Start your Lisbon trip in the Alfama district, which is packed with some of the city’s best tourist attractions. The quarter is one of the city’s oldest and most atmospheric, with its labyrinthe of narrow streets, alleys wrapped round the lower slopes of the Moorish castle and scenes of charming local life. One of the must-sees here is the Se, Lisbon’s Romanesque cathedral, with its high-value items on display in the Treasury. Aside from the other museums and churches worth checking out, one of the most recognisable is the Santa Engracia, or the Panteao Nacional, which houses the tombs of notable Portugese figures.
Of all Lisbon attractions, the Castelo de São Jorge is arguably the best. Situated on a hilltop overlooking the city and river below, this iconic castle makes for a superb visit, with its gardens, walkways and viewpoints hidden within old Moorish walls. As you’d imagine, the castle is steeped in history, where Portugal’s monarchs once resided. It also served as a barracks, prison and children’s home, but today it’s an extremely appealing museum. Spend a couple of hours to watch the multimedia exhibition detailing the history of the city; a periscope that focuses on sights round the city; and archaeological remains including that of an Iron Age house.
With a relaxed feel during the day, you can take in some pleasant Lisbon sightseeing in Bairro Alto (upper town); navigate your way through the maze of narrow streets for Renaissance churches, leafy squares, botanical gardens and bohemian boutiques. At night, the area comes to life with Lisbon’s best bars, restaurants and clubs all vying for your attention.
Located in the popular Lisbon suburb of Belem, the UNESCO World Heritage Site Mosteiros dos Jeronimos is well worth visiting. The monastery and its adjacent church were built in the early 16th century, and amongst its ornate interior it tells a fascinating history of Lisbon’s prominent seafaring figures, with the likes of Vasco da Gama and Luis de Camoes tombs and a statue of Henry the Navigator.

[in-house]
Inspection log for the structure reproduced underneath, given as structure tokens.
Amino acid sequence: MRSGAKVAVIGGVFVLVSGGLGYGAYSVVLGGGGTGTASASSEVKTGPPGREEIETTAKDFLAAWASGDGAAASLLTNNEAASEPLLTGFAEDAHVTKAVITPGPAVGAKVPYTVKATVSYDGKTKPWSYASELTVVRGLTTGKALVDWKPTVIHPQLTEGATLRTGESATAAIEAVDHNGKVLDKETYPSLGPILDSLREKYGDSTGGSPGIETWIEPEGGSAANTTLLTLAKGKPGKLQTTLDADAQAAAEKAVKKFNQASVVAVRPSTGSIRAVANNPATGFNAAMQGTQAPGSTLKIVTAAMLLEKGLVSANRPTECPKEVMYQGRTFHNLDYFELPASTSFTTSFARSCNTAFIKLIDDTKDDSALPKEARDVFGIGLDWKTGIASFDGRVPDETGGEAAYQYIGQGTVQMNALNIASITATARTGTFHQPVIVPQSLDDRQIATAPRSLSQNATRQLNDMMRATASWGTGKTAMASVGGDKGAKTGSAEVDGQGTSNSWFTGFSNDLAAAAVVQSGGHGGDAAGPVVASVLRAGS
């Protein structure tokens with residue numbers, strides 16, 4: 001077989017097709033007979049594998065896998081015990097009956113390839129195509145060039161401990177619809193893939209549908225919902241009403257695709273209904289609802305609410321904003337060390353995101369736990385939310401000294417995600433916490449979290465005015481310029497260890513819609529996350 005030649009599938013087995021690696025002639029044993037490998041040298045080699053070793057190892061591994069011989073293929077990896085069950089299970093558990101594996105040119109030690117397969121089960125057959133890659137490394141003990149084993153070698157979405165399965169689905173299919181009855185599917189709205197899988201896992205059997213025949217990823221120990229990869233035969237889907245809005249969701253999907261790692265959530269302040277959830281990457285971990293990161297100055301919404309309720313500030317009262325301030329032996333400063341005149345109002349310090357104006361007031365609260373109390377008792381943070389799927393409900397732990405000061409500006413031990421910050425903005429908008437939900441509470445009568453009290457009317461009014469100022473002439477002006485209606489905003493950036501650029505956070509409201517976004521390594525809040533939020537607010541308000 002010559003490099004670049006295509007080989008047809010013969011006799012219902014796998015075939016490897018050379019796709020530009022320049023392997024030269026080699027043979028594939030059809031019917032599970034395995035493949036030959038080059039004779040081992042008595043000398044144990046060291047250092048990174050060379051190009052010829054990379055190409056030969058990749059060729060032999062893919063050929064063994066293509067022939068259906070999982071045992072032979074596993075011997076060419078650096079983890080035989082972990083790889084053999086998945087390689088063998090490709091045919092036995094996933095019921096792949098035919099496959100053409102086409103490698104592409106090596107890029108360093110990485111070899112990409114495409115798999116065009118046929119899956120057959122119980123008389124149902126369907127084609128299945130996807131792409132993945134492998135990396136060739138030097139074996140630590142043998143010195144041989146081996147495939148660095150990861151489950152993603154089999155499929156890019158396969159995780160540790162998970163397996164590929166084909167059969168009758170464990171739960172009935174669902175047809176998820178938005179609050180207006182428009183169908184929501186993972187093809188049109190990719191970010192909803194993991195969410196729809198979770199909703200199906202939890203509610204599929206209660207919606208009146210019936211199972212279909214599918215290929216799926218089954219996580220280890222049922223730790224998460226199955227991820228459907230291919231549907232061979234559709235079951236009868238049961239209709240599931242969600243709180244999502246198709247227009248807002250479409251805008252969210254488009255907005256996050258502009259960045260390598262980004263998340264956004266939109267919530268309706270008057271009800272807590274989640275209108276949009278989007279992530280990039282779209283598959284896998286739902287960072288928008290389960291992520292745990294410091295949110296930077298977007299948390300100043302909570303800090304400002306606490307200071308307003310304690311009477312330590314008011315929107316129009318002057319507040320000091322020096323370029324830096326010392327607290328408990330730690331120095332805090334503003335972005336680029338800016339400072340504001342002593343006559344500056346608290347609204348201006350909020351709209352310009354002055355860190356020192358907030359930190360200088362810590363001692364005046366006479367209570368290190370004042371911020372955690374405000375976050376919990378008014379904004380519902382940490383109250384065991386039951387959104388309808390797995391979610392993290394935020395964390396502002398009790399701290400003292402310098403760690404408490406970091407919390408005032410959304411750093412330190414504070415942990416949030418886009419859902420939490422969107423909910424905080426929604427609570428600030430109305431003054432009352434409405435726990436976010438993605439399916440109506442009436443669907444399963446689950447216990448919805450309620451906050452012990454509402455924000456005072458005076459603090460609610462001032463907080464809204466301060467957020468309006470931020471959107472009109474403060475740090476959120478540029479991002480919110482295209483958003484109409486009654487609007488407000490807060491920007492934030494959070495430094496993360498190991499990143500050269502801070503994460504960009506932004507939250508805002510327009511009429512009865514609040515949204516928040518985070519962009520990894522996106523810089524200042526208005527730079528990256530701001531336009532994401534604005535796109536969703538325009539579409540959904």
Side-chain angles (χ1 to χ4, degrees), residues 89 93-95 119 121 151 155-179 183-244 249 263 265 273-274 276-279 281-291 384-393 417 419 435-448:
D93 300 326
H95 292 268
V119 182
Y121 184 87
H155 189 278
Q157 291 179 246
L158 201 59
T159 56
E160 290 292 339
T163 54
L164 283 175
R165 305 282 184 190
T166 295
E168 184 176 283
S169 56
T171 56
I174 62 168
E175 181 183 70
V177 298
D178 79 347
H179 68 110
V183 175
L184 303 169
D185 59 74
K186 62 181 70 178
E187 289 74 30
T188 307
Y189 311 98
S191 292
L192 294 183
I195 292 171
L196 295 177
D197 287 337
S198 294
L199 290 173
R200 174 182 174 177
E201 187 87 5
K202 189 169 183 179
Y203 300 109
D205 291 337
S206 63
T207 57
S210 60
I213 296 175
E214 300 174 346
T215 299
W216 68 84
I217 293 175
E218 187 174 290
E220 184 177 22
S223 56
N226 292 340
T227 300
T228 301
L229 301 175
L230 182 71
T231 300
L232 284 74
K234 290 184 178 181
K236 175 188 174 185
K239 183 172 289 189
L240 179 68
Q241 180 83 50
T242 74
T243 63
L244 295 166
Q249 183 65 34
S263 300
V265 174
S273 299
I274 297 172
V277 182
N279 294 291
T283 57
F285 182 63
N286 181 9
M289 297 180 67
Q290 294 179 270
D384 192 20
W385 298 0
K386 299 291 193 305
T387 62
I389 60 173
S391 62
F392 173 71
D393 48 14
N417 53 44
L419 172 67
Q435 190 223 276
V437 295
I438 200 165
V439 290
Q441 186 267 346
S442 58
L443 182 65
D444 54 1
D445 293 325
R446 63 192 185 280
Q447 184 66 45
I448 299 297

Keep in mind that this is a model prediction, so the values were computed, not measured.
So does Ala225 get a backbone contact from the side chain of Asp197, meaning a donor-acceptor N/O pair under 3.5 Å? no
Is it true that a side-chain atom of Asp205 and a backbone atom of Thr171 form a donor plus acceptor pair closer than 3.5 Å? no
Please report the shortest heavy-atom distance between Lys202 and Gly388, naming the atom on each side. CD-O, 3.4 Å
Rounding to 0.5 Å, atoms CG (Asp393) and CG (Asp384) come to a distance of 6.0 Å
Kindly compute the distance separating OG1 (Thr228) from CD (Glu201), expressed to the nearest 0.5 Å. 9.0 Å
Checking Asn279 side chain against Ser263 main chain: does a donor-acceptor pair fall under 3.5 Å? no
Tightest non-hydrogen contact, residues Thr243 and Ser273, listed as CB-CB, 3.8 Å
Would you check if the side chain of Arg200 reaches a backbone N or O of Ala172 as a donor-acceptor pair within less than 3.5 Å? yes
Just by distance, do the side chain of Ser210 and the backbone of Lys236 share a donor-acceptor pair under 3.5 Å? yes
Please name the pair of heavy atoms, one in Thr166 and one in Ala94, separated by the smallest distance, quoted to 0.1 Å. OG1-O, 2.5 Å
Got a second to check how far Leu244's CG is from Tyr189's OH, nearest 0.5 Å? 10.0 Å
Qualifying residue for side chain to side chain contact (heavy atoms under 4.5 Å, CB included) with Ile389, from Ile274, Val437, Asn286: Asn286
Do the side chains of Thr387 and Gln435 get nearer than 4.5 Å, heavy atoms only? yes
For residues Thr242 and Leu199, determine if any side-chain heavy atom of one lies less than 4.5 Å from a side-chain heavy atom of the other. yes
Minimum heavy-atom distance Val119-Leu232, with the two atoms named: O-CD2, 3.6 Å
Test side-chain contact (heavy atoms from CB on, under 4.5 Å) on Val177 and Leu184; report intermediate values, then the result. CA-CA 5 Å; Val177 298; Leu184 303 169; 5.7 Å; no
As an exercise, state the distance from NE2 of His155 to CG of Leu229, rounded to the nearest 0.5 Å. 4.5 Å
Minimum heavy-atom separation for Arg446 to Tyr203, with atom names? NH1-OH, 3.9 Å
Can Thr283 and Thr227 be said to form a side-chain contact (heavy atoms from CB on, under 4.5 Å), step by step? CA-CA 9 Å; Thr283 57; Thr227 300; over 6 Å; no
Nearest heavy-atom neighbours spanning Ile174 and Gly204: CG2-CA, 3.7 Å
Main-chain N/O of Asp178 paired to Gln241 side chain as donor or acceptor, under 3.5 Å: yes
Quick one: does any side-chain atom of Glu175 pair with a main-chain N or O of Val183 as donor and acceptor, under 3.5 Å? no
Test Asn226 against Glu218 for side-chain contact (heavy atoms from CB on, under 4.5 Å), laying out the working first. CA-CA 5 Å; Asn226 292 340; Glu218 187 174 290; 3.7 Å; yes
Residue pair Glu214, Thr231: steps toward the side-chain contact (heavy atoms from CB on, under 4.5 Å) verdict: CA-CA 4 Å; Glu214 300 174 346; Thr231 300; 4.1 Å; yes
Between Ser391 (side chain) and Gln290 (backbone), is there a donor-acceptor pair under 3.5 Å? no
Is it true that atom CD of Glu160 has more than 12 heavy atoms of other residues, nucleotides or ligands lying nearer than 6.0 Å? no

The diverse Museu Gulbenkian displays collections from all around the world: start off in the Egyptian room, with its Old Empire (2700BC) art; move onto the Greco-Roman room with its exquisite jewellery; take in the Turkish tiles and mosque lamps in the Eastern Islamic arts section; and marvel at stunning 14th-century Japanese lacquerwork in the Far East room. The painting collection is one of the most remarkable highlights in the museum, with works by Flemish masters, Rubens and Turner.
Inside the Centro Cultural de Belem, one of Lisbon’s many cultural centres, is the magnificent Berardo Collection . It houses an assortment of modern art by celebrated artists in the last two centuries; the permanent collection includes the likes of works by Andy Warhol, Paula Rego and David Hockney. Two floors present temporary exhibitions - check the website for details.
Home to plenty of attractions, including the Oceanarium, Teleferico cable car and water gardens, the Parque das Nações (Park of Nations) is a must on any visit to Lisbon. This riverfront area is popular with Lisboetas, so expect swathes of locals at the attractive bars, restaurants and shops that fill the area – a perfect way to experience a slice of an enviable local life.